• State that going to school is a natural part of growing up.  It is one in a series of adventures that life offers.
  • Check your own attitude about school.  If you are voicing negative comments about school or going to your own work-place, remember that kids “catch” your attitude!
  •  Accentuate the positives such as learning new skills, making new friends, and learning how to be more independent.
  • Encourage your child to focus on serving others and looking for ways to make school-life better.
  • Teach your children how to deal with anxiety by focusing on their breathing, visualizing e a pleasant scene, thinking of a calming song, hymn, rhyme, verse.
  • When your child grumbles about school, listen to their concerns calmly.  Then help your child turn the negative into a positive.  Every negative has a positive!
  • Don’t take your child’s complaints too seriously.  A complaint made to you on Wednesday will probably be forgotten the next day!
  • Help children understand that change has its hard and uncomfortable moments..  But  familiarity with the routine comes security, safety and confidence.
  • Make sure you hug your child before school, wish him well, put a loving note in his lunch-box and assure your child that doing his/her best is all that is expected.
  • Make sure that your child has whatever s/he needs to do well at school (nutritious food, proper clothes…)

Yes, school can be scary at any age, any grade.  The majority of children adapt well.  Some need more encouragement.  Your attitude is vitally important.  Be calm, be positive, be realistic and be solution-focused.  These qualities will go far in helping your children become resilient, independent and skilled socially, physically and academically!

Warm Wishes,

Judith


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Moms ‘n Daughters: Bond Making DIY Beauty Products

One special memory I have of my mom while growing up is that she stored her Charles of the Ritz beauty products in the fridge!  She only used them on special occasions.  We children were admonished not to touch them!  I don’t know if Charles of the Ritz products even exist today, but my life-long love affair with make-up began with mysterious Charles!

Later on in her life, my mom started making some of her own facial products, particularly cleansers.  One afternoon when I was feeling particularly tired, I accepted her offer to give me a facial.  I can remember her bringing her ingredients over to my apartment, mixing them up and then carefully slathering her “secret” mixture on my face.  I asked her what was it in, and I remember she was reluctant to tell me too much.  My mom liked secrets!  I can remember yoghurt and lemon juice.  I’m sure there were some other ingredients, as well.  What I remember most was how good whatever concoction she mixed up felt on my face.  Even though this happened years ago, I still remember how cooling and refreshing my face felt during and after the facial.  My face felt fresher and looked cleaner and rosier.  That was my one and only facial.  I wish we’d done that more often.

For whatever reason, I have become more and more intrigued with making my own beauty products.  I have long had a sensitivity to chemicals in beauty, cleaning and food products.  (My father, an educator, had to write a note to my Grade 9 Home Economics teacher indicating that I had an allergy to the dish detergent used in class and could I be excused from dishwashing duties?  It was embarrassing for both of us.)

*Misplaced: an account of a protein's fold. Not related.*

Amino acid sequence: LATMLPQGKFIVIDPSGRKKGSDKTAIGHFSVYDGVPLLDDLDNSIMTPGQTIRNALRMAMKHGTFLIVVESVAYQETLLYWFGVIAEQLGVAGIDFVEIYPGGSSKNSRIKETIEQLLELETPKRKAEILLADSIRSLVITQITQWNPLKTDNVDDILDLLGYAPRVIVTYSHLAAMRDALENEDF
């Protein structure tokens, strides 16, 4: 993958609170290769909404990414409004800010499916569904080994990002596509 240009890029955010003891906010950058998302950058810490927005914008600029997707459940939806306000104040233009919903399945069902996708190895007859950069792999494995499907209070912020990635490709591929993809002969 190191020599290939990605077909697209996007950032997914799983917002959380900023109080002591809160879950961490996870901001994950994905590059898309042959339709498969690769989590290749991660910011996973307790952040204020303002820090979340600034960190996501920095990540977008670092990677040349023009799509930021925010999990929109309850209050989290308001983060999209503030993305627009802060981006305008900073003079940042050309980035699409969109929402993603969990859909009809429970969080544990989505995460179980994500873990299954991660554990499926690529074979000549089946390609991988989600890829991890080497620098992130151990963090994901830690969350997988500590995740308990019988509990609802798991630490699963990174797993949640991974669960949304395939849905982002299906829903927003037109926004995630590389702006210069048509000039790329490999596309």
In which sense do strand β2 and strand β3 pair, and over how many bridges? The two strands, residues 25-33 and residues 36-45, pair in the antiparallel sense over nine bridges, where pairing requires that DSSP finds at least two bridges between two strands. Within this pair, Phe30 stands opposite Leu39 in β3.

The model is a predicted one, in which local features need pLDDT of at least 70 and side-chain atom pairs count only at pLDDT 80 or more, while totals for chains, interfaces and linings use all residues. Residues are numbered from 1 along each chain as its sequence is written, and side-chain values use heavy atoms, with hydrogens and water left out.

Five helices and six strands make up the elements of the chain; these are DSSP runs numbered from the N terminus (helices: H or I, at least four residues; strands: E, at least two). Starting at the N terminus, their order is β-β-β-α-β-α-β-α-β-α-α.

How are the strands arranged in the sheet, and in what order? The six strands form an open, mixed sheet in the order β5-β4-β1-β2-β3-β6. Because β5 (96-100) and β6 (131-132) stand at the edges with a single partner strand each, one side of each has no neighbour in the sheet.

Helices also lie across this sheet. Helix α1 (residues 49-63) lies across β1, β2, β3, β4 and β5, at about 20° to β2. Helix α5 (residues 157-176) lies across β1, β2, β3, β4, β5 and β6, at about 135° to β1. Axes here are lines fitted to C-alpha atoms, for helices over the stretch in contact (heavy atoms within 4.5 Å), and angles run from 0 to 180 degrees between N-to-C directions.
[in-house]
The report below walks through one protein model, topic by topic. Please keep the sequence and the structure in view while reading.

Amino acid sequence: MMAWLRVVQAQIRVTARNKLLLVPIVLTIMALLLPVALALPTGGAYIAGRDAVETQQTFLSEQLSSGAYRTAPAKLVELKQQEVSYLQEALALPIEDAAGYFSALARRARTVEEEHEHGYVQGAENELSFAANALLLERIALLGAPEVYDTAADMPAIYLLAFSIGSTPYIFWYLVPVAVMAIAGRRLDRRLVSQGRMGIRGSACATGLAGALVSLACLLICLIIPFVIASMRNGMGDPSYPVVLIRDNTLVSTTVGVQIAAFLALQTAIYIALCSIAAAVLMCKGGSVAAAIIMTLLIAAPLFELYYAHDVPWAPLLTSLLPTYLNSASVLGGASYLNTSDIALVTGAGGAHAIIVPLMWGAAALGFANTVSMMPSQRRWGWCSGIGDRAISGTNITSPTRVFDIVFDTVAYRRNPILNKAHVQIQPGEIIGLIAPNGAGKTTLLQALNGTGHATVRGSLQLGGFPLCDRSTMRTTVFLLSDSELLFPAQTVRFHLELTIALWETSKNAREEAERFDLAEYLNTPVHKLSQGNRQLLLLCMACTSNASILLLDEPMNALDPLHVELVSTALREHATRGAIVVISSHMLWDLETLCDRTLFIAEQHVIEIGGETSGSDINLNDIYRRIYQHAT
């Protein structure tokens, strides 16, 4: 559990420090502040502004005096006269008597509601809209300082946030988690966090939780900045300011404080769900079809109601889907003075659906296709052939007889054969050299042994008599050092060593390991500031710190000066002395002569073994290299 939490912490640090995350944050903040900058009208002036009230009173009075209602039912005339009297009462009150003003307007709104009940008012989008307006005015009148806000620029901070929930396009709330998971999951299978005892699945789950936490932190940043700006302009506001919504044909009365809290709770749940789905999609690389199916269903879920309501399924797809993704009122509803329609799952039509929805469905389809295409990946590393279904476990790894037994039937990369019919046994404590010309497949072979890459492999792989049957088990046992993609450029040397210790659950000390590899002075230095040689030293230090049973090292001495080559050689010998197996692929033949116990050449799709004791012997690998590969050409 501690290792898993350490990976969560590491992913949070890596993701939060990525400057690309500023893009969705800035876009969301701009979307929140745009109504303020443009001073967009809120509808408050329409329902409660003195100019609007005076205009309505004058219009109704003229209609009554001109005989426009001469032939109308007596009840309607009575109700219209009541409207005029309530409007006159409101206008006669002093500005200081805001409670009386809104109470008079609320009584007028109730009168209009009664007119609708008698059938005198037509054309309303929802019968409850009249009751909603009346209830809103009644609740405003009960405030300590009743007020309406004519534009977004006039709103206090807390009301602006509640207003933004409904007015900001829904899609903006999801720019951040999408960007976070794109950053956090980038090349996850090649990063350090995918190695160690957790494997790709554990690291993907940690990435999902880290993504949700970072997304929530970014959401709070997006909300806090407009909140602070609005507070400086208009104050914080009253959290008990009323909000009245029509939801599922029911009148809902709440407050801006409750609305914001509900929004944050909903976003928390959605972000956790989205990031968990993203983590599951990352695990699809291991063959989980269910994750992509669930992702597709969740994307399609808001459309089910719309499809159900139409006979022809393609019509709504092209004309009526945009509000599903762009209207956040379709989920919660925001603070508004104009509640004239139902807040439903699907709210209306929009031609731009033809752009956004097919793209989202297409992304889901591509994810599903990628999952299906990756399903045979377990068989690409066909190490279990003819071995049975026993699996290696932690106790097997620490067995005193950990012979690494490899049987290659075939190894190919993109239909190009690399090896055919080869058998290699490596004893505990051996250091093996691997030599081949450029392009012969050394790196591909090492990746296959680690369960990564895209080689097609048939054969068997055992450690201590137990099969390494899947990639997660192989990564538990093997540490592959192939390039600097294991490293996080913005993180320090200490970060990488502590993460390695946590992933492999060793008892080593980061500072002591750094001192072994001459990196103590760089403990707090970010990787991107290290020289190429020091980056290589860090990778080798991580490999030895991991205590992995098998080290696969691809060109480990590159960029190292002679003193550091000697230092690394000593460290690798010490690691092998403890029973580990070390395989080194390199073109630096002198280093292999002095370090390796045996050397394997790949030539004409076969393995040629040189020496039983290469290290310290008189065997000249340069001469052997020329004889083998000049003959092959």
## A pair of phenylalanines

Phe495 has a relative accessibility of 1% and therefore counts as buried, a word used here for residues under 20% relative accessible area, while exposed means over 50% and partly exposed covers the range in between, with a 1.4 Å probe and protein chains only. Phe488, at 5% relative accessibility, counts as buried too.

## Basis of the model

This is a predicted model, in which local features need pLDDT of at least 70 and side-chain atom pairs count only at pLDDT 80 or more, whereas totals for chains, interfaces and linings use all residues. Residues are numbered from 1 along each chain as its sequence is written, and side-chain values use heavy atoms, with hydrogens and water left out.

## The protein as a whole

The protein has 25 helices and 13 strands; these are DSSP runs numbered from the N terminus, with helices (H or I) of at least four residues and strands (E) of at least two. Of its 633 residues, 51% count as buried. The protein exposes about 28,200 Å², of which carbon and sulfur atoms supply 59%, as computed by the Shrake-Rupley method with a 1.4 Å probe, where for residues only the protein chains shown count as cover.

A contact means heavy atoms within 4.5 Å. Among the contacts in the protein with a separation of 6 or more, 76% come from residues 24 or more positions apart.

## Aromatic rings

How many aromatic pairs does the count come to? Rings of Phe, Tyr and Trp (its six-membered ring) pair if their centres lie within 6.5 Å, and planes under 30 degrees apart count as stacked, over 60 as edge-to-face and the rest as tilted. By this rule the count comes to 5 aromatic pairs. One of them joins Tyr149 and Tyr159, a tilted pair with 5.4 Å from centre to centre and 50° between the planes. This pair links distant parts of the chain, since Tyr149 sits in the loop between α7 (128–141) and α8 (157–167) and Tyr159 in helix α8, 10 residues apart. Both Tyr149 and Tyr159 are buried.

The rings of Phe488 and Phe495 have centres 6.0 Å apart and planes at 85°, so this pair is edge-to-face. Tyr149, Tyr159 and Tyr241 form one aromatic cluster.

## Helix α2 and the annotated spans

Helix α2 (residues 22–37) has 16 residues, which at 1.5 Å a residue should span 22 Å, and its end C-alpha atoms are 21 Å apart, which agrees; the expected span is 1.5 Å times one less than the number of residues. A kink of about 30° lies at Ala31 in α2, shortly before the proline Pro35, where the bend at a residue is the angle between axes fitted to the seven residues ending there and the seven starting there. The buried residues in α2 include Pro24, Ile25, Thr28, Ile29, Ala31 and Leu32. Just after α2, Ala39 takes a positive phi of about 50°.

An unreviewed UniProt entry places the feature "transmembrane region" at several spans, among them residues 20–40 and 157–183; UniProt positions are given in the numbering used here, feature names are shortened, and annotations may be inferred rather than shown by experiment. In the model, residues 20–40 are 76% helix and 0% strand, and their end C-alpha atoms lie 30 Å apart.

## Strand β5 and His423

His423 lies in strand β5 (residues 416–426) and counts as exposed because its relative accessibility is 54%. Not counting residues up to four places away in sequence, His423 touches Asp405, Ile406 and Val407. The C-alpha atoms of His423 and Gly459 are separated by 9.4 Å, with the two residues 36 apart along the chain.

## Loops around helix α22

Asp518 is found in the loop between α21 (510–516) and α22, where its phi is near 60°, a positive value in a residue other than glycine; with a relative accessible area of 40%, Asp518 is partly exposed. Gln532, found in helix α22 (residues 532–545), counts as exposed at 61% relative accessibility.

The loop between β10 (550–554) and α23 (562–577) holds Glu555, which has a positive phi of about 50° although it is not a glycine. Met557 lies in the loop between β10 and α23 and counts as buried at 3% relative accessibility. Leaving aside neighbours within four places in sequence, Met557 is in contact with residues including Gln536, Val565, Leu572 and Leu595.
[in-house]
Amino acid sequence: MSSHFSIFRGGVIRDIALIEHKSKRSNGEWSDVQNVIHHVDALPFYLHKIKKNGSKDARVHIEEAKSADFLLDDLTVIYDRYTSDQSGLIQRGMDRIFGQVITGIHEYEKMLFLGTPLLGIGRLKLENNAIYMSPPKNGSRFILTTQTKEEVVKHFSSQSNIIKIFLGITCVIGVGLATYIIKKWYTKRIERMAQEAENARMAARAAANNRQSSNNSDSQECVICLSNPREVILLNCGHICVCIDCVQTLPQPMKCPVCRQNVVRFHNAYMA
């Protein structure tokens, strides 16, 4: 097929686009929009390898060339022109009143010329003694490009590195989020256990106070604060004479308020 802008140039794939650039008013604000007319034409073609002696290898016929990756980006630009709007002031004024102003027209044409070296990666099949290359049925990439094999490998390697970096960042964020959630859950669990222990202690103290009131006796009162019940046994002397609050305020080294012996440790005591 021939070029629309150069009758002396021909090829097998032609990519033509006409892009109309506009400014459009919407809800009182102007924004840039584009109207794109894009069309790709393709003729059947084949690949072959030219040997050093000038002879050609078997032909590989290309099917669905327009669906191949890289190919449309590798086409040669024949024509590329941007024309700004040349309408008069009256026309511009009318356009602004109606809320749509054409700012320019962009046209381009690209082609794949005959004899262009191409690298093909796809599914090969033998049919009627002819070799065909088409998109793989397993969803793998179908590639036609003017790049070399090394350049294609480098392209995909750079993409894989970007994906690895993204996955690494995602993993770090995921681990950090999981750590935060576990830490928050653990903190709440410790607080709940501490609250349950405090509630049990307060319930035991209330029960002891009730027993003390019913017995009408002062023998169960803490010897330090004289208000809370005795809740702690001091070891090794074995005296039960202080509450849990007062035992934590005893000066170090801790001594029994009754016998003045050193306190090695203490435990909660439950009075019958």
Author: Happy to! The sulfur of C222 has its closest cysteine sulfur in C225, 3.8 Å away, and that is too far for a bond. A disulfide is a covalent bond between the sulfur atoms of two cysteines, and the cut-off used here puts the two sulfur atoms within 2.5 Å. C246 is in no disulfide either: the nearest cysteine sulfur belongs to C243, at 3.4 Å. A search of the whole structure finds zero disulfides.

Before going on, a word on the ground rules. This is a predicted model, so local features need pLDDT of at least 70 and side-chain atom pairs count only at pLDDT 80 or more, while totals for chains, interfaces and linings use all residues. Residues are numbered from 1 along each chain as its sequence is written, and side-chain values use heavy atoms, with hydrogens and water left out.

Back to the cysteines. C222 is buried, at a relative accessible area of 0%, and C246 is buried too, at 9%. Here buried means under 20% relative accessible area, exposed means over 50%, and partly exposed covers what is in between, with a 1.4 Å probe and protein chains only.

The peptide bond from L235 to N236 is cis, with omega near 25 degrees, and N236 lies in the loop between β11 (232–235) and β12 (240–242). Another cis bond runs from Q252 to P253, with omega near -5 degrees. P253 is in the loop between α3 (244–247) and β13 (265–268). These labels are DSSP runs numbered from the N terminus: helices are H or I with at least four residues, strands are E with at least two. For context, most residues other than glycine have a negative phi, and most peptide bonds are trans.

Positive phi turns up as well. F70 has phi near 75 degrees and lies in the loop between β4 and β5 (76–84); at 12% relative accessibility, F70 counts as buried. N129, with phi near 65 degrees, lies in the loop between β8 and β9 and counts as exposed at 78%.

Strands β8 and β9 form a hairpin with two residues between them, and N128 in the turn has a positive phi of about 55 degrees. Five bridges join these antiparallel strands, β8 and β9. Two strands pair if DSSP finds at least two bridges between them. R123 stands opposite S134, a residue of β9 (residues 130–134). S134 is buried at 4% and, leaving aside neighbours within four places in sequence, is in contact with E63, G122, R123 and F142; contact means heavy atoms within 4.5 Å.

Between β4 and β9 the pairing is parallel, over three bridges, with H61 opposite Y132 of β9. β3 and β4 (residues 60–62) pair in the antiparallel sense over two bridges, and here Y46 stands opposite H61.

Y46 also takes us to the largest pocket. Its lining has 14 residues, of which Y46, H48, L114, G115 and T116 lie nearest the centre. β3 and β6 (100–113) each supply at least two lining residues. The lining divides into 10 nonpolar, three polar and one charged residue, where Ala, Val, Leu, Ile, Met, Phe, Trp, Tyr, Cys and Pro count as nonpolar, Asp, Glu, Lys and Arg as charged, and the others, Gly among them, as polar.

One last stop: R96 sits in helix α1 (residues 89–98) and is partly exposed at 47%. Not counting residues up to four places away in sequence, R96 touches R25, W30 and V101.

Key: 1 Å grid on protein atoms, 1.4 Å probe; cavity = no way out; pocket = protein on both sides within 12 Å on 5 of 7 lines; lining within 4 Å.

Summer is a time when most moms take some vacation time, and making beauty products with your daughter(s) can be a wonderful bonding experience.  It is a time to talk, not only about the beauty products, but about body image, fashion, style, boys, dating….  It is an opportunity for both moms and daughters to share their perspectives and beliefs on a variety of issues.  It’s a time to get to know each other in a deeper and fulfilling way.  It’s a time to laugh, to tell stories, to share memories, to bond.

I invite you, mothers, and, even, dads, to get together and have fun making your own beauty products.  They are inexpensive; many of the ingredients you already have in your kitchen!  To start you off, I have listed some of my favorite beauty DIY products…creams, shampoo, bath bombs, bath salts and  a face mask.  Have fun and let me know how you make out!

http://www.petite-kitchen.com/2012/12/honey-beeswax-and-almond-oil.html

http://www.petite-kitchen.com/2013/06/home-made-honey-shampoo.html

http://www.deniseinbloom.com/homemade-citrus-bath-salts/

http://gardentherapy.ca/bath-salts-recipe/

http://gardentherapy.ca/avocado-face-mask-recipe/

http://www.humblebeeandme.com/the-anarchists-bathtime-cookbook/

(For bathbombs, you can use moulds.  Check IKEA or thrift stores.  As well, pick up glass containers on the cheap at thrift stores, yard sales, neighbours.  As well, all of these posts have lots of comments.  I found much good information in the comments.)

A special thank you to Herbs and Oils World (http://www.herbsandoilsworld.com/) which was a lead for these DIY beauty products.

Cheers,

Judith


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Encourage Rather Than Criticize

Hello Parents,

Many of us were brought up knowing more about what we did wrong rather than what we did right!  Has this pattern carried into raising your children?  If you are ready to change your belief from commenting on the negative to encouraging the positive, you will see huge rewards in your children’s behavior.

  1. Encouragement helps your children develop a positive inner voice.  When your voice is encouraging, their internal (self-talk)  and external (speaking with others) voices are encouraging, too.
  2. Encourage what you want your children to be and to do.  All of us have a vision of the character qualities we want our children to develop.  For instance, if cooperation is one of yours, then comment positively every time you see cooperation in action.